I was reading an interesting blog post at strathweb.com about his implementation of an Azure Blob Storage IFileProvider for ASP.NET Core and it made me want to take a deeper look into File Providers and fully understand how they work.

What Are File Providers in ASP.NET Core?

There are 3 File Providers that come built into ASP.NET Core:

  • PhysicalFileProvider - used to access static files in your application
  • ManifestEmbeddedFileProvider – used to access files embedded in assemblies
  • CompositeFileProvider - used to compose multiple File Providers together

File Providers are an abstraction over the file system which provide many benefits; one of which is that you can access static files from different sources in your application.

For example, say you are inserting an image tag into your HTML and you add the following tag into a .cshtml file:

<img src="~/images/pear.jpg" alt="pear" />

Using this image tag will sure enough work as long as you have an image named pear.jpg within an images folder in the wwwroot folder. Also, you need to make sure that you set the middleware to use static files app.UseStaticFiles(); in the Configure method of Startup.cs. You can also enter http://localhost:5000/images/pear.jpg into your browser to view the image.

The reason that all that works is because in Program.cs you call WebHost.CreateDefaultBuilder(args) which sets the content root to the current directory:

public class Program
{
    public static void Main(string[] args)
    {
        CreateWebHostBuilder(args).Build().Run();
    }

    public static IWebHostBuilder CreateWebHostBuilder(string[] args) =>
        WebHost.CreateDefaultBuilder(args)
            .UseStartup<Startup>();
}

Let's say for whatever reason, you had another folder at the root of your application called StaticResources. And within that, you had an images folder and within that, you had an image called apple.jpg. Well, because there is no File Provider that knows about this folder, when you visit http://localhost:5000/StaticResources/images/apple.jpg you will just get a 404 error page.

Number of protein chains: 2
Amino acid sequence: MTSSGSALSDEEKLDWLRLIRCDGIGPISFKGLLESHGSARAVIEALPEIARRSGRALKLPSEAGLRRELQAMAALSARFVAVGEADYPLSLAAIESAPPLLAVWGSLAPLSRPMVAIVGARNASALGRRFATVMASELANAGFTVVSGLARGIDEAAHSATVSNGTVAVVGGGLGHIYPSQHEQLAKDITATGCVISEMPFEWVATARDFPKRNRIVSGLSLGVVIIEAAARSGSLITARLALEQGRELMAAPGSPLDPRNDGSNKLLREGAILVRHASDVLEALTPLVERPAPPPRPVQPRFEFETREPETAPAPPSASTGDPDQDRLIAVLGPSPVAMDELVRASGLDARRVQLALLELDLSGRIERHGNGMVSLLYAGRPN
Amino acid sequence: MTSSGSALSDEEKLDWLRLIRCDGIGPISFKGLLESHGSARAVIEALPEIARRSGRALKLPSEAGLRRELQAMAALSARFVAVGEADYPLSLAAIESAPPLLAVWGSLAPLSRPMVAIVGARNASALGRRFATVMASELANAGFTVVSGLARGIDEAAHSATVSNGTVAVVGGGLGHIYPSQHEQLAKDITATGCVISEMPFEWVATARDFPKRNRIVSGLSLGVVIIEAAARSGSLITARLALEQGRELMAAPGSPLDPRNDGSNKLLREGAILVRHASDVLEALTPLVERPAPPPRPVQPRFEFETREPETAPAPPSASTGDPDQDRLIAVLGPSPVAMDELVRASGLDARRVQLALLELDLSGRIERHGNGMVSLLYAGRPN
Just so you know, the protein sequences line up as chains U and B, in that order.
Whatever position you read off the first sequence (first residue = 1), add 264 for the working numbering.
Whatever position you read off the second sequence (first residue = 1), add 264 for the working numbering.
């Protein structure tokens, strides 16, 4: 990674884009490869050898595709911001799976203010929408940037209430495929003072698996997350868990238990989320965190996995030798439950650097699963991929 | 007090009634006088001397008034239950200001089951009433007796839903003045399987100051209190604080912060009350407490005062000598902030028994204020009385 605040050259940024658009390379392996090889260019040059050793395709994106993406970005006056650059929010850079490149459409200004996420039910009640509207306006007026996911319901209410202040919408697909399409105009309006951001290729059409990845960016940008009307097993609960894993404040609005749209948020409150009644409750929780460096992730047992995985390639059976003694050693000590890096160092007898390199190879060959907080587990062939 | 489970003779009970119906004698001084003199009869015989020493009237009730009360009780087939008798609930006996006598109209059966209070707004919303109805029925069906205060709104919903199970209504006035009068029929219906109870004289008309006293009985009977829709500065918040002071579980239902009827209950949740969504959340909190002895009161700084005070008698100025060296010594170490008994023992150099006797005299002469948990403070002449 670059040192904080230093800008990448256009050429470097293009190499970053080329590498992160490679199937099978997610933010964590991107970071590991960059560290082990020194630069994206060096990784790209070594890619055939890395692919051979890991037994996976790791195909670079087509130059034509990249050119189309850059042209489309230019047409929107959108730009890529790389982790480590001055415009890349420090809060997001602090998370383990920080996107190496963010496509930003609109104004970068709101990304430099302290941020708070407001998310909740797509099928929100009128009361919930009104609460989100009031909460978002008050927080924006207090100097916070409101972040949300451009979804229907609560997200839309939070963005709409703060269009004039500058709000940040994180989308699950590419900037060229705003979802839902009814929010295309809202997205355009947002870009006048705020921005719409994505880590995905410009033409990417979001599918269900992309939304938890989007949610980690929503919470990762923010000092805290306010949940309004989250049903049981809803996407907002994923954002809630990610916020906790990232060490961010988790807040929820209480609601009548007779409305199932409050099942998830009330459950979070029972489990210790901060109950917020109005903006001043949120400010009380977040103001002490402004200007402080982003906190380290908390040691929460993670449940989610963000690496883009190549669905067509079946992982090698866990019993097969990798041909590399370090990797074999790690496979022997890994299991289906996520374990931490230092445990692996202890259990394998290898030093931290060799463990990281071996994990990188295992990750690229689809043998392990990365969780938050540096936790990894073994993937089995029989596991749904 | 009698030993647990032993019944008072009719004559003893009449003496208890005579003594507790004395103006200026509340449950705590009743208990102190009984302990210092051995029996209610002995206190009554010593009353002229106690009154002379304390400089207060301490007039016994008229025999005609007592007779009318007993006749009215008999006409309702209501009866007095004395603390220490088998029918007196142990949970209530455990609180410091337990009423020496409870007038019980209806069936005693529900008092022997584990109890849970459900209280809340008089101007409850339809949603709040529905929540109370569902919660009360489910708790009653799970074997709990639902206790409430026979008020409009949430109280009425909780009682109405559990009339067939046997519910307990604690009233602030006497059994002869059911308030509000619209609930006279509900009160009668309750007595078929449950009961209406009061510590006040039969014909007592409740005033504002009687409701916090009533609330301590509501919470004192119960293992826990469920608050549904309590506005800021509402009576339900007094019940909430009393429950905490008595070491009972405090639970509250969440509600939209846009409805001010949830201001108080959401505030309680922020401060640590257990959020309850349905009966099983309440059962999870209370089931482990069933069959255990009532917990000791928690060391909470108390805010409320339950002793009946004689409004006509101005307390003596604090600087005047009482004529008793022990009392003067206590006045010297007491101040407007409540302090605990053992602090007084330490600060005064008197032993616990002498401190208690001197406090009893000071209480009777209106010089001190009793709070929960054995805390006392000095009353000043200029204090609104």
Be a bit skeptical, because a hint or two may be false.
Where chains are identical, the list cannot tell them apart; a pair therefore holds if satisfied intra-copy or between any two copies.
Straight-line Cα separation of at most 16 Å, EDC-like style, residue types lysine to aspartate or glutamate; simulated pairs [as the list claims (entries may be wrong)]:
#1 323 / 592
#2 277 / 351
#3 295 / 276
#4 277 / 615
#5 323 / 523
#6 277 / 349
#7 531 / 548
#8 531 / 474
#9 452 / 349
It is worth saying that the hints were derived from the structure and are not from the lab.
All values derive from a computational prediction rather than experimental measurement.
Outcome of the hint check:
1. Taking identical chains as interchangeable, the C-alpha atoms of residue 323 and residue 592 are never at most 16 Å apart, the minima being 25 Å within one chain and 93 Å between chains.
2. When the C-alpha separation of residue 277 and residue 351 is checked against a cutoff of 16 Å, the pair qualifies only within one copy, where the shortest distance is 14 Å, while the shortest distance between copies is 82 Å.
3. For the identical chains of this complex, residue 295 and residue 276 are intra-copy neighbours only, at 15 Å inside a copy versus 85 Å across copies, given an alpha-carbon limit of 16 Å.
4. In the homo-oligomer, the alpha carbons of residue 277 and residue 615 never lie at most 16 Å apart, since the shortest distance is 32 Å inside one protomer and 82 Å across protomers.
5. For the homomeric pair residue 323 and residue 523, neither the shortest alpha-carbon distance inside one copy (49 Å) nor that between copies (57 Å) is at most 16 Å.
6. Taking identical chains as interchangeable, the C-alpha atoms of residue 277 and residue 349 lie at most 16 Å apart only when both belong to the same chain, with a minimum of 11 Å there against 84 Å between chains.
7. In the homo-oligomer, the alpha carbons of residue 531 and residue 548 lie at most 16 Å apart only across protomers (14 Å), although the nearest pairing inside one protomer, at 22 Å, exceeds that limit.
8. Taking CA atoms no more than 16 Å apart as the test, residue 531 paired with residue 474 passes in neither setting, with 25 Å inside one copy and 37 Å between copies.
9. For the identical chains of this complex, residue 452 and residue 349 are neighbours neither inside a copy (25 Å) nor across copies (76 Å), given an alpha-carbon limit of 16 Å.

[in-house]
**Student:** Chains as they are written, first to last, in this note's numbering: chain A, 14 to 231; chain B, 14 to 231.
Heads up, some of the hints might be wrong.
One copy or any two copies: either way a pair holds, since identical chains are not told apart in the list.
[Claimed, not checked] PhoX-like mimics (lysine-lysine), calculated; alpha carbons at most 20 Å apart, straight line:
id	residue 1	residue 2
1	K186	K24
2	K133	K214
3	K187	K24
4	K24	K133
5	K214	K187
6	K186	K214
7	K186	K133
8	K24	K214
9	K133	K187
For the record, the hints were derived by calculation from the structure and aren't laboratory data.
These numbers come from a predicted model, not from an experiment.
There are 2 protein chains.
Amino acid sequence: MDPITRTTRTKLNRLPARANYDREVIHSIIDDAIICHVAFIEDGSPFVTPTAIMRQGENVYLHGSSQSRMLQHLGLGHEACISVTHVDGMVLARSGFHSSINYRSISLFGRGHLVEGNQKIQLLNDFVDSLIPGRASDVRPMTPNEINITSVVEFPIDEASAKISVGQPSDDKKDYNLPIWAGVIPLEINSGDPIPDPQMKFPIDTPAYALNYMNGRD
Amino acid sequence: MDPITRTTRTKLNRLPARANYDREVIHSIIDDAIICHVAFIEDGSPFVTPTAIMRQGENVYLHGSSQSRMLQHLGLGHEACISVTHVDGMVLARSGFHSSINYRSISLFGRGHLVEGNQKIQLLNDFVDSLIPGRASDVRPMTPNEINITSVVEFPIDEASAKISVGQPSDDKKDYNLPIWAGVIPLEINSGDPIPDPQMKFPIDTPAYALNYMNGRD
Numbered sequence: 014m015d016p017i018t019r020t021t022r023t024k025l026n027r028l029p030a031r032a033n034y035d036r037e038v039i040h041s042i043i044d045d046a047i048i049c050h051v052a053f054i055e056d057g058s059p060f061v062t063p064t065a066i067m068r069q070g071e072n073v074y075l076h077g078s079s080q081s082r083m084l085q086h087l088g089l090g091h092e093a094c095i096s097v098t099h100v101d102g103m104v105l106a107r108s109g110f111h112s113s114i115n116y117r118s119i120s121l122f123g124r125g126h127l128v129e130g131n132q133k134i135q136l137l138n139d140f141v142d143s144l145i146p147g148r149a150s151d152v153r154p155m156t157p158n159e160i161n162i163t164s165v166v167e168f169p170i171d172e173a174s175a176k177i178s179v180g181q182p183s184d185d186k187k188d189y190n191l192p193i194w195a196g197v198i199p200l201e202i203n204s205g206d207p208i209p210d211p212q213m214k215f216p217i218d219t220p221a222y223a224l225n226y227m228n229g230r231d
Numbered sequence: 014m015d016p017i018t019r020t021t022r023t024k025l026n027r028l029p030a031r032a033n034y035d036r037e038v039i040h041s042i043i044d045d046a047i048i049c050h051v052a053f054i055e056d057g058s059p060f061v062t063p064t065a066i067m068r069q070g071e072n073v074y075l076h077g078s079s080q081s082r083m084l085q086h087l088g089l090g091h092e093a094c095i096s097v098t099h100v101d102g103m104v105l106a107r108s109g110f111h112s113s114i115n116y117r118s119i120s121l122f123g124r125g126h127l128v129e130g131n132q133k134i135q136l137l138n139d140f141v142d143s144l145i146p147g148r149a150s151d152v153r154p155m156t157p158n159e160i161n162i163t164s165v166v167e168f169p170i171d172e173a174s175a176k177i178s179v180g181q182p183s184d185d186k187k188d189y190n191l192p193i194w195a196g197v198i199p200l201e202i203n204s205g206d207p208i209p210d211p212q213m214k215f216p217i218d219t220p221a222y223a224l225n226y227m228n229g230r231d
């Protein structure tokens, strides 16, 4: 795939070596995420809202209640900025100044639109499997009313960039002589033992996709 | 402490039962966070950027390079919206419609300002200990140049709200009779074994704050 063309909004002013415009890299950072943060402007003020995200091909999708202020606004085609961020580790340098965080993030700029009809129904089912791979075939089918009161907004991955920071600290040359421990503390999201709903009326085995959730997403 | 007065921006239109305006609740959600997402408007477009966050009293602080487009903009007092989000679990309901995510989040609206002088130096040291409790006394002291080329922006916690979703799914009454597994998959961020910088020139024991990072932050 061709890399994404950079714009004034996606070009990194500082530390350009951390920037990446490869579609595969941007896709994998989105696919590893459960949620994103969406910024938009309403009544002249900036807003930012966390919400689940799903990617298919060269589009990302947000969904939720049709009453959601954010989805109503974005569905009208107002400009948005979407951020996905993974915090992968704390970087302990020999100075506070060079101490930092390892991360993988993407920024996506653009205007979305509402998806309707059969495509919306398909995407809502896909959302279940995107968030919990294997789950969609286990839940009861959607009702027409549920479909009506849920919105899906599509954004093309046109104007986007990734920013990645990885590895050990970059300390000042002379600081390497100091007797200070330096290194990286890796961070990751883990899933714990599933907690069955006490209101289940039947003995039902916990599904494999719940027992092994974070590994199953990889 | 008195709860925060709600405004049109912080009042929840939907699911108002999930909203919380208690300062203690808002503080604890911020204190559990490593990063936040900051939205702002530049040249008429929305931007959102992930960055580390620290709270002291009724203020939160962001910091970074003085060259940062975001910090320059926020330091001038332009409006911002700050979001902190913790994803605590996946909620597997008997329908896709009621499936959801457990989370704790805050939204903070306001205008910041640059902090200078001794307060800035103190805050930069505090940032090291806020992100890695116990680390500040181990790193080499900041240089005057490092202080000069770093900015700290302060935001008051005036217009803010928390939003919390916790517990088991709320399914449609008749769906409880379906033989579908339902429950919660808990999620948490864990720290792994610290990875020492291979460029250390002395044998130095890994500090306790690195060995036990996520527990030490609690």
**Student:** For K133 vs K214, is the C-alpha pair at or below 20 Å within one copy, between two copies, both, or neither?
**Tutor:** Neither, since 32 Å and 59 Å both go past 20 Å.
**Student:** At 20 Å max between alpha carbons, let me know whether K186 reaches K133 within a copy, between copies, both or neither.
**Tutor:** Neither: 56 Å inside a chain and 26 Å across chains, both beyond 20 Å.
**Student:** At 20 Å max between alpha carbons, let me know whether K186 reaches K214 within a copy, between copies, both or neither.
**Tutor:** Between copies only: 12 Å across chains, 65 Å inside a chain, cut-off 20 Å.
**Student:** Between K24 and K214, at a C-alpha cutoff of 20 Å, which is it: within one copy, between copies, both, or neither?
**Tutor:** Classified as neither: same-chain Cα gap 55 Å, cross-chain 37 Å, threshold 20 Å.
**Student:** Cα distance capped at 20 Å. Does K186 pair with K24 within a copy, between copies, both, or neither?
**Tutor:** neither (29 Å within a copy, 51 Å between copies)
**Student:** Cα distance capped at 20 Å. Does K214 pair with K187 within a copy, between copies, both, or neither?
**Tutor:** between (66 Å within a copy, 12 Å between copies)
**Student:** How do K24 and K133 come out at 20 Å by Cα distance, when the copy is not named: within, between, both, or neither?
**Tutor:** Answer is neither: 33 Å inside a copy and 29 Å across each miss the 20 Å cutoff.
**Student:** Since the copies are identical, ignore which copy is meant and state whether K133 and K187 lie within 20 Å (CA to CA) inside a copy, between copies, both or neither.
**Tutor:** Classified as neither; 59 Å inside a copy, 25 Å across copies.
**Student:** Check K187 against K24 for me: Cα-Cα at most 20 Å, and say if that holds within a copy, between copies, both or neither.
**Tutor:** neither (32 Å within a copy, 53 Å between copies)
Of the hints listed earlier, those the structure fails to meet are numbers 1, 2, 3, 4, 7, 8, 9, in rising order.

To make this work like you'd hope you'd need to configure another piece of Middleware to add a PhysicalFileProvider to the Configure method:

public void Configure(IApplicationBuilder app)
{
    app.UseStaticFiles(); // For the wwwroot folder

    app.UseStaticFiles(new StaticFileOptions
    {
        FileProvider = new PhysicalFileProvider(
            Path.Combine(Directory.GetCurrentDirectory(), "StaticResources")),
        RequestPath = "/StaticImages" // note the path is StaticImages but the directory is StaticResources
    });
}

You could then use this image tag in your .cshtml file to display images from within the StaticResources folder:

<img src="~/StaticImages/images/apple.jpg" alt="apple" width="400" />

Or visit http://localhost:5000/StaticImages/images/apple.jpg in your browser.

Creating a Custom File Provider

Let's say that we had a set of images hosted on a completely different server somewhere, but in our .cshtml files, we would still like to insert our image tags like so:

<img src="~/OtherServer/images/strawberry.jpg" alt="strawberry" width="400" />

To do this, we can create a custom File Provider, which we will call ImagesFileProvider for lack of a better name. We can then add it to our Startup.cs class by first adding it to DI in the ConfigureServices method:

public void ConfigureServices(IServiceCollection services)
{
    var imageFileProvider = new ImageFileProvider();
    services.AddSingleton(imageFileProvider);
}

And then we can retrieve the File Provider from the DI framework and add it to the Configure method in Startup.cs as options to a new static files Middleware component:

var imageFileProvider = app.ApplicationServices.GetRequiredService<ImageFileProvider>();

app.UseStaticFiles(new StaticFileOptions()
{
    FileProvider = imageFileProvider,
    RequestPath = "/OtherServer/images"
});

What's Next?

In a future blog post I will go into the implmentation of the ImageFileProvider and how create a class that derives from the IFileProvider interface.